Man threatens to shoot people at Tacoma motel

NFL says it has tech to eliminate pylons and first-down markers

This is an archived article and the information in the article may be outdated. Please look at the time stamp on the story to see when it was last updated.

File photo

NEW YORK — The NFL is experimenting with technology that could shape the future of football.

In the coming years, sensors could determine when a player is out of bounds or when the ball crosses the first-down or goal lines.

The league has already placed sensors in players’ shoulder pads — to deliver player speed and data to team statisticians.

But the league is looking into placing similar sensors in the ball itself.

“We’re looking at a whole new future that largely centers around data as well as helping the game monitor statistics and the ball position on field, the down and distance that’s required to get a first down or possibly when a touchdown is scored,” said Bob Thurman, vice president of research and development at Wilson, the NFL’s official football manufacturer.

Similar ball-chip technology has been used in World Cup soccer tournaments to determine whether a ball entered the goal.

In the NFL, it could mean the end of some decidedly old-school technology.

Today, orange pylons are placed at the corners of the end zones — if they’re knocked down, the referees know to signal that a touchdown was scored. And down markers attached to 10-yard chains are used to figure out if the offense should be awarded a new set of downs.

Still, the spot where the ball went down is determined by the officiating crew. Even with instant replay, figuring out the exact position of the ball when the ball-carrier’s knee hit the turf is tricky.

“Looking to the future, maybe there’s no longer any pylons and there’s no longer any first down markers,” said Eric Petrosinelli, general manager of Zebra Technologies, which partners with the NFL for in-game sensor tech.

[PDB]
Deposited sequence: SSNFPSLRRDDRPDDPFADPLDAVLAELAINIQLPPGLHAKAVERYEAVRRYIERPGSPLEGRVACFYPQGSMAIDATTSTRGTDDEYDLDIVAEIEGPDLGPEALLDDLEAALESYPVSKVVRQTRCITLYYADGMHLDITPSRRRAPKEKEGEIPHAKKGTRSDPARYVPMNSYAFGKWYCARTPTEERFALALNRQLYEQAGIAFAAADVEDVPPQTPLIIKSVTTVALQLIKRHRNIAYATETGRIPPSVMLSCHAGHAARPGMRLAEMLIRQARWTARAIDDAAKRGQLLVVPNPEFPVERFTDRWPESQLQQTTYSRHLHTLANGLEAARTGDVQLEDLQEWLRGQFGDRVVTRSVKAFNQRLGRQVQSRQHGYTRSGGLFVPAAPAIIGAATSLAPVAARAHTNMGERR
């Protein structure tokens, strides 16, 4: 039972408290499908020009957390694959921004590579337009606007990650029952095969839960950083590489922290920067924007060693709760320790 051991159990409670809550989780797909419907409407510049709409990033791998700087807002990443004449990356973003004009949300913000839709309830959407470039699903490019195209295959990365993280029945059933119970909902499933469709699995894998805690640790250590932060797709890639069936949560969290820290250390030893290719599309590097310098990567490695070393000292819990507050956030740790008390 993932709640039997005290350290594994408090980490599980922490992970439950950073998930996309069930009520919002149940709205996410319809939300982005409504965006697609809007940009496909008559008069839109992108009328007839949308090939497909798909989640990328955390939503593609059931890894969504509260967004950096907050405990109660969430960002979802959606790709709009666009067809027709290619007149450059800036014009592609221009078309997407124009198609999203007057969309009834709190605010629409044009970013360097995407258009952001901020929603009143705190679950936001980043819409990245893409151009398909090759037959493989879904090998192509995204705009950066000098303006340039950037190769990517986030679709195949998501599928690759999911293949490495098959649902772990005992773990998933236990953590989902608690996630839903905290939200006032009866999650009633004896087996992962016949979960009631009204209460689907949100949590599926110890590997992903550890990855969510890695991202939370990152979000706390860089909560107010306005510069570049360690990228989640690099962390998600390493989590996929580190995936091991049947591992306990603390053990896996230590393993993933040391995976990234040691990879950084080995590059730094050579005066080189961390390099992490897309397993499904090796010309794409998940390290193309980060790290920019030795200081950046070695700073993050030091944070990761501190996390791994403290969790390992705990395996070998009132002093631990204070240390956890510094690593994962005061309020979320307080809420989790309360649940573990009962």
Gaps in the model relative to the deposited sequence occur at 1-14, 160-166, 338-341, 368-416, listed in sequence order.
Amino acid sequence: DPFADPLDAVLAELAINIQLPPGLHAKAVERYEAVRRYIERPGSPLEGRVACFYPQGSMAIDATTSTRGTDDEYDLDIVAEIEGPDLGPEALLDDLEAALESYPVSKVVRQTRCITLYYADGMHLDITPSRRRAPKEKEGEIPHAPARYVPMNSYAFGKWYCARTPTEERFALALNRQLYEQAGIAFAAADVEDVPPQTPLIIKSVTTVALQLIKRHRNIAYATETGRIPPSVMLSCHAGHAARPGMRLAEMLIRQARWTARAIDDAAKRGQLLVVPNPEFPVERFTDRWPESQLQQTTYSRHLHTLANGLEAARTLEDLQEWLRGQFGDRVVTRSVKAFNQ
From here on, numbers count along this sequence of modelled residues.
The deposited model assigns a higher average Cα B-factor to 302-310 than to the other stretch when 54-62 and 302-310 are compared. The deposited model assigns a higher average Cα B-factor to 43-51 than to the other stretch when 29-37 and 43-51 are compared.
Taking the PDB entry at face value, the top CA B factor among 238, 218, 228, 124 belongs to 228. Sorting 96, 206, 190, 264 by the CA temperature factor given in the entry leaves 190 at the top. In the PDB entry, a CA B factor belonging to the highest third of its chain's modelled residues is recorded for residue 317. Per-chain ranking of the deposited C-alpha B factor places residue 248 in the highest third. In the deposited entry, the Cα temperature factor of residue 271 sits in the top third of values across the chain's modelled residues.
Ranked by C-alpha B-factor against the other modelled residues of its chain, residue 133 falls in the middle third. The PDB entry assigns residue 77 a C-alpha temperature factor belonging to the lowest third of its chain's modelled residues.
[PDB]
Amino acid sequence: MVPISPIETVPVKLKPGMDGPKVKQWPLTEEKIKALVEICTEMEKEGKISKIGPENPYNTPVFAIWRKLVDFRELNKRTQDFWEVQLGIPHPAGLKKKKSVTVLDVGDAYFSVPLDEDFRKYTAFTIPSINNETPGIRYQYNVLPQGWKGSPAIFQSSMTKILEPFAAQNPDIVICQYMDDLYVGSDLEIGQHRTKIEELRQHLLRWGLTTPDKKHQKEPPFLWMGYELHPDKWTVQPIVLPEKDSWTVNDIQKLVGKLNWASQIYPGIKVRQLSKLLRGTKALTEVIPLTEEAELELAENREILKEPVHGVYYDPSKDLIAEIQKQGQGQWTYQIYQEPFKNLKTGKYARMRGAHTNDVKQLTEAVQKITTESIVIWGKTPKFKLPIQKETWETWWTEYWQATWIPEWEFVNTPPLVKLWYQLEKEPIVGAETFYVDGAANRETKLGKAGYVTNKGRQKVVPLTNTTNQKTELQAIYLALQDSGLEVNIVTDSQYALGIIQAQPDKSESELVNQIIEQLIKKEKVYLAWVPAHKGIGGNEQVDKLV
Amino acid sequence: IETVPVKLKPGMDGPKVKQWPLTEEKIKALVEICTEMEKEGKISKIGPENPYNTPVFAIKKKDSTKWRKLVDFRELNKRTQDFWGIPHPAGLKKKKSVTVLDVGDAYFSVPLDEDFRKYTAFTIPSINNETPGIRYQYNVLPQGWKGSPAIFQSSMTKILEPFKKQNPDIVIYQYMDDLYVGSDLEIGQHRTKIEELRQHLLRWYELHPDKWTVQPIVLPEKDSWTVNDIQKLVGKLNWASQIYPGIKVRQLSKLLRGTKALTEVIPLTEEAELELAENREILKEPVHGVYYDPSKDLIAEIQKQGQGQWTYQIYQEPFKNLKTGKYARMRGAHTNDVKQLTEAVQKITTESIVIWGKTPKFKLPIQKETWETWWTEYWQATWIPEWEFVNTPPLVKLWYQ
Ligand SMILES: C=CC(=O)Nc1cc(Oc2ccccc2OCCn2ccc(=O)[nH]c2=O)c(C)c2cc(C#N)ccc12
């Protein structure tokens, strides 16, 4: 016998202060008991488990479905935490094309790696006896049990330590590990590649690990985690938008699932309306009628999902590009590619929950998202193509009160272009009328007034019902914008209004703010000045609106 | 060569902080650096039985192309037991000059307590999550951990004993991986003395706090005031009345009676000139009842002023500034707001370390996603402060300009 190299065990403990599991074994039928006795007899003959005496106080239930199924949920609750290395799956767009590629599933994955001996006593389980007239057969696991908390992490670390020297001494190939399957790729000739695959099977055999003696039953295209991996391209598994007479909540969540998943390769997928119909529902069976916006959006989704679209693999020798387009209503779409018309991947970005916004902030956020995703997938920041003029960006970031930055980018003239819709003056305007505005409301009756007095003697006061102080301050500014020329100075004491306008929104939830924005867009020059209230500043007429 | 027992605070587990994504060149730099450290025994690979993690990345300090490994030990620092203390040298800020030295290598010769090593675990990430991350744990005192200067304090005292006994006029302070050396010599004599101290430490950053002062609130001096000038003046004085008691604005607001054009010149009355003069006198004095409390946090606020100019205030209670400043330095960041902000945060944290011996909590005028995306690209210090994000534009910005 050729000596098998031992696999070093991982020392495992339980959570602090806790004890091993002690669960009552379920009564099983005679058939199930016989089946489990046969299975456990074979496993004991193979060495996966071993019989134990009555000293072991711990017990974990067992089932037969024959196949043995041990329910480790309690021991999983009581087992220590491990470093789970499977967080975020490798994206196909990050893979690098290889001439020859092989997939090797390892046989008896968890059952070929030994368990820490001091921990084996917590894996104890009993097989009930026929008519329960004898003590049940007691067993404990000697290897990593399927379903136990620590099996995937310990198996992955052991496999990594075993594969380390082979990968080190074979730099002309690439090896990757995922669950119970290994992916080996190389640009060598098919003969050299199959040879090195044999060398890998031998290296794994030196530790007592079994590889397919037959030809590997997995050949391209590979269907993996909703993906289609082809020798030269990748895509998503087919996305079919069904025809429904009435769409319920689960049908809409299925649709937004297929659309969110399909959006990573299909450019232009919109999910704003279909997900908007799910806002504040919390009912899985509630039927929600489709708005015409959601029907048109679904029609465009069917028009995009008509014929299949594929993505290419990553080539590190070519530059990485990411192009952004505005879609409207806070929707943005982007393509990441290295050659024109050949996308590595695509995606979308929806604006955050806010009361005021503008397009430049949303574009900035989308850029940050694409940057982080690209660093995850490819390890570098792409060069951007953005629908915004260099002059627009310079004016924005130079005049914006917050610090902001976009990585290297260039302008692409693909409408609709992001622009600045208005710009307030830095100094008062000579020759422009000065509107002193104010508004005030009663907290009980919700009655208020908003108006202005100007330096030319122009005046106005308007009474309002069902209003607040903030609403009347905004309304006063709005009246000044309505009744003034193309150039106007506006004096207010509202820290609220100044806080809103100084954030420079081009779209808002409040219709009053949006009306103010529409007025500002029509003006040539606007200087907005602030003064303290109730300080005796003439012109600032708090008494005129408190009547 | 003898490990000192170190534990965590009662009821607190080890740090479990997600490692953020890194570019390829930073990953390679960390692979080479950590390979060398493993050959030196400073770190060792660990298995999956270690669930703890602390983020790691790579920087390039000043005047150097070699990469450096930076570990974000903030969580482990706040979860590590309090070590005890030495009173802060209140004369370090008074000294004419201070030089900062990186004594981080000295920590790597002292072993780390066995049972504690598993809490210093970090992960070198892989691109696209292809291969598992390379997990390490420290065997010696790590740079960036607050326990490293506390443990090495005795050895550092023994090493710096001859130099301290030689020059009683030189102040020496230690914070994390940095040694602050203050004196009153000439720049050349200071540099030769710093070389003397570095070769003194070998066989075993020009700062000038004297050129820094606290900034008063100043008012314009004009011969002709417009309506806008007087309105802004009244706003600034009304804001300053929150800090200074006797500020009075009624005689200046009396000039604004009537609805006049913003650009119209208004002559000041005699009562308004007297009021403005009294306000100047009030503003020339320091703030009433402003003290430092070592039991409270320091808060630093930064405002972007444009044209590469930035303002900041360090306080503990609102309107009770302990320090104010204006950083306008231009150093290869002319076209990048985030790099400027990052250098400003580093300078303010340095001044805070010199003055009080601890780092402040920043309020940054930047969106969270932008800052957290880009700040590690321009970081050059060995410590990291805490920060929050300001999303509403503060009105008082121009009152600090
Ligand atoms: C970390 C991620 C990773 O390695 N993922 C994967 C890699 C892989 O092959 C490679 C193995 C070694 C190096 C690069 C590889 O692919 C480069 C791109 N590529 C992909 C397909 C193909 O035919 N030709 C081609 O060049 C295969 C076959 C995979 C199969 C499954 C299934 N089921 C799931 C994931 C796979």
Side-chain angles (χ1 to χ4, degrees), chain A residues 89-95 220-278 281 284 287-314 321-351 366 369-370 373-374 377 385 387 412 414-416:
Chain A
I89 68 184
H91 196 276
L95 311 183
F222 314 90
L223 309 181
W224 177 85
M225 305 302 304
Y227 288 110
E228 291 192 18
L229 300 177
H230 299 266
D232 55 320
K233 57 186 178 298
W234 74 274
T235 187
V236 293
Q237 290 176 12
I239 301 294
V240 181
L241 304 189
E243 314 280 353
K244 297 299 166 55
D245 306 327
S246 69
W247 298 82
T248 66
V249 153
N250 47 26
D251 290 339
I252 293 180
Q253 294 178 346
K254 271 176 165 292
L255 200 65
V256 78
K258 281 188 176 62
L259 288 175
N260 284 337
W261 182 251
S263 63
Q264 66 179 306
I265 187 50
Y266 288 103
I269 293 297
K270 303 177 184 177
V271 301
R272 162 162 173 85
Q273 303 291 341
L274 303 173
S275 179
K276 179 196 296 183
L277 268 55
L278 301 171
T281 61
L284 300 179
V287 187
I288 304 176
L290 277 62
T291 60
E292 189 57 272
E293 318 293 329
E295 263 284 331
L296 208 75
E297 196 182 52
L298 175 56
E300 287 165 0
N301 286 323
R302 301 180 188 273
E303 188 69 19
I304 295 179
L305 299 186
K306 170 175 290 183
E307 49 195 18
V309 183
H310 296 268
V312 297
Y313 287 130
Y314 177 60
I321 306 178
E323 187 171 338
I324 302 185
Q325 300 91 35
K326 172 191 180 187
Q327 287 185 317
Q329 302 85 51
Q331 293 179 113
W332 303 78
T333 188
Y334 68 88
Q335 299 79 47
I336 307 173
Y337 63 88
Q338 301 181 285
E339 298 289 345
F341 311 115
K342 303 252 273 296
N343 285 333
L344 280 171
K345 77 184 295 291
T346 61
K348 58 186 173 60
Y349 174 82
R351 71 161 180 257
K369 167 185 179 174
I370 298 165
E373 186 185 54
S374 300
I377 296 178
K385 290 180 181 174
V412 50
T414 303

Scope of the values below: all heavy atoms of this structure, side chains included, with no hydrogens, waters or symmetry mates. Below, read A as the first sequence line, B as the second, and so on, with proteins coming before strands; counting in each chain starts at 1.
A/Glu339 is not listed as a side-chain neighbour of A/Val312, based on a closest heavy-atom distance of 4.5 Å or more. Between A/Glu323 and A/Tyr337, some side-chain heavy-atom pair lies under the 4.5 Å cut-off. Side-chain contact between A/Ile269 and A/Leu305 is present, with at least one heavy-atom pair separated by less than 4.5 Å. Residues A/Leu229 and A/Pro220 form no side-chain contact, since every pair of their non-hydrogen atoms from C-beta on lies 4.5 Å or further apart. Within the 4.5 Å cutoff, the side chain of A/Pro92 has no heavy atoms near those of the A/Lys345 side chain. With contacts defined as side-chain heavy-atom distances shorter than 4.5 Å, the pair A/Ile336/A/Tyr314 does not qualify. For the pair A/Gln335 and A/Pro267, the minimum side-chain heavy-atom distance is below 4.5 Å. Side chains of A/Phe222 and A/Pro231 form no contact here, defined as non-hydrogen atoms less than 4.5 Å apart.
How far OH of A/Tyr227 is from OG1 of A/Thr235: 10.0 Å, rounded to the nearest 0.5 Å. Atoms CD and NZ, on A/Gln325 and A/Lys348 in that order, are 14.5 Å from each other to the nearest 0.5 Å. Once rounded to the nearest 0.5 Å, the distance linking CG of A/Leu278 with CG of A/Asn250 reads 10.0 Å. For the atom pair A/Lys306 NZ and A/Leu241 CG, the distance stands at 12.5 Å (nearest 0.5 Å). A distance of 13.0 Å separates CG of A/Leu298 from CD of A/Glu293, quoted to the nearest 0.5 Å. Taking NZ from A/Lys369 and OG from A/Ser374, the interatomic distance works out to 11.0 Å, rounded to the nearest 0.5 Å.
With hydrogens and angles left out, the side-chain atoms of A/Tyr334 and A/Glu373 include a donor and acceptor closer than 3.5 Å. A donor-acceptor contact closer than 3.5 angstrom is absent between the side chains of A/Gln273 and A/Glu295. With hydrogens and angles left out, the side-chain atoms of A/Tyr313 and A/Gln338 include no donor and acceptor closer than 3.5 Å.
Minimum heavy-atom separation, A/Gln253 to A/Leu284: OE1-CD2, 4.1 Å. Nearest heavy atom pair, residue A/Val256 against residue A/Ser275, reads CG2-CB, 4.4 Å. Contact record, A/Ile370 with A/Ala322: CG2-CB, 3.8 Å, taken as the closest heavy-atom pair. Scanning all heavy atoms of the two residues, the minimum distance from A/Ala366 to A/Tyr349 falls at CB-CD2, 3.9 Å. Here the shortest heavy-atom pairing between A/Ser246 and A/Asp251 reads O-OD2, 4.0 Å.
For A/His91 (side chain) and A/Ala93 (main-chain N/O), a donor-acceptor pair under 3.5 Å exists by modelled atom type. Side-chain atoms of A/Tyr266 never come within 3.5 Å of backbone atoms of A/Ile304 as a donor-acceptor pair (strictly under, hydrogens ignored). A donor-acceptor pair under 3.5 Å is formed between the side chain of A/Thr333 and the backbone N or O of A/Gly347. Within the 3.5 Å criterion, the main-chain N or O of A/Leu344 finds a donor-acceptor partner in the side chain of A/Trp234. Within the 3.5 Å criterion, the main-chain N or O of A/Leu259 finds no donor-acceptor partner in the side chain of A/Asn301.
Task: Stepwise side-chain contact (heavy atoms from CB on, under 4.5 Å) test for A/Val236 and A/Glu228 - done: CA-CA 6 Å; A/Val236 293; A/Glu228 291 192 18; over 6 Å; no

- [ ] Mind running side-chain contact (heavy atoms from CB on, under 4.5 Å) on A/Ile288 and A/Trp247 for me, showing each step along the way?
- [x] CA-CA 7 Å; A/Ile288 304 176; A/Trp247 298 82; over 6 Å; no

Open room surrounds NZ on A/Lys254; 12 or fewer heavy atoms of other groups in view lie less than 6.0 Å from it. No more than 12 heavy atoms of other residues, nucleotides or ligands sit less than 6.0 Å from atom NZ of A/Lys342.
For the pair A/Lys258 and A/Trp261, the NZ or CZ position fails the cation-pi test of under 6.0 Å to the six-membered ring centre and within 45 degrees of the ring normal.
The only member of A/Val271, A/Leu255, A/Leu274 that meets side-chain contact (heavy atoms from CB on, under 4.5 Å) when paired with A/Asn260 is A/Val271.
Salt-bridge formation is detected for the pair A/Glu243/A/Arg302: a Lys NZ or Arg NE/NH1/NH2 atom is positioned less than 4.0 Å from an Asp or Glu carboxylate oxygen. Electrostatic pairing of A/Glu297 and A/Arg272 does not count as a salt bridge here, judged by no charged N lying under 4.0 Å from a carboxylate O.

The NFL has not yet committed to any of the new ball-position technology for use during games.

But John Cave, head of football technology for the NFL, said that in five to ten years, computers might be able to go even further, determining whether a player had possession of the football prior to a fumble, or whether his foot was out of bounds. Some of the most difficult calls for officials to make involve figuring out whether a player ever had possession of the ball.

The NFL has already begun replacing some of its ancient technology with more modern innovations.

For example, it has equipped all of its boundaries with tiny cameras to assist with instant replay. The replay technology itself was upgraded from video tape and radio communications. All of that is now fed over the Internet.

During the preseason, coaches and players were able to test out instant replay directly from Microsoft Surface tablets on the sidelines.

The referees also viewed instant replay video on Surface tablets during the preseason. Currently, referees enter a hooded television screen in which they communicate with a video operator in NFL headquarters to play back the video.

The league said it is considering switching to tablet-controlled replay full time in the future. It also has begun testing virtual reality for player training, and it envisioned a future in which NFL games could be broadcast in VR.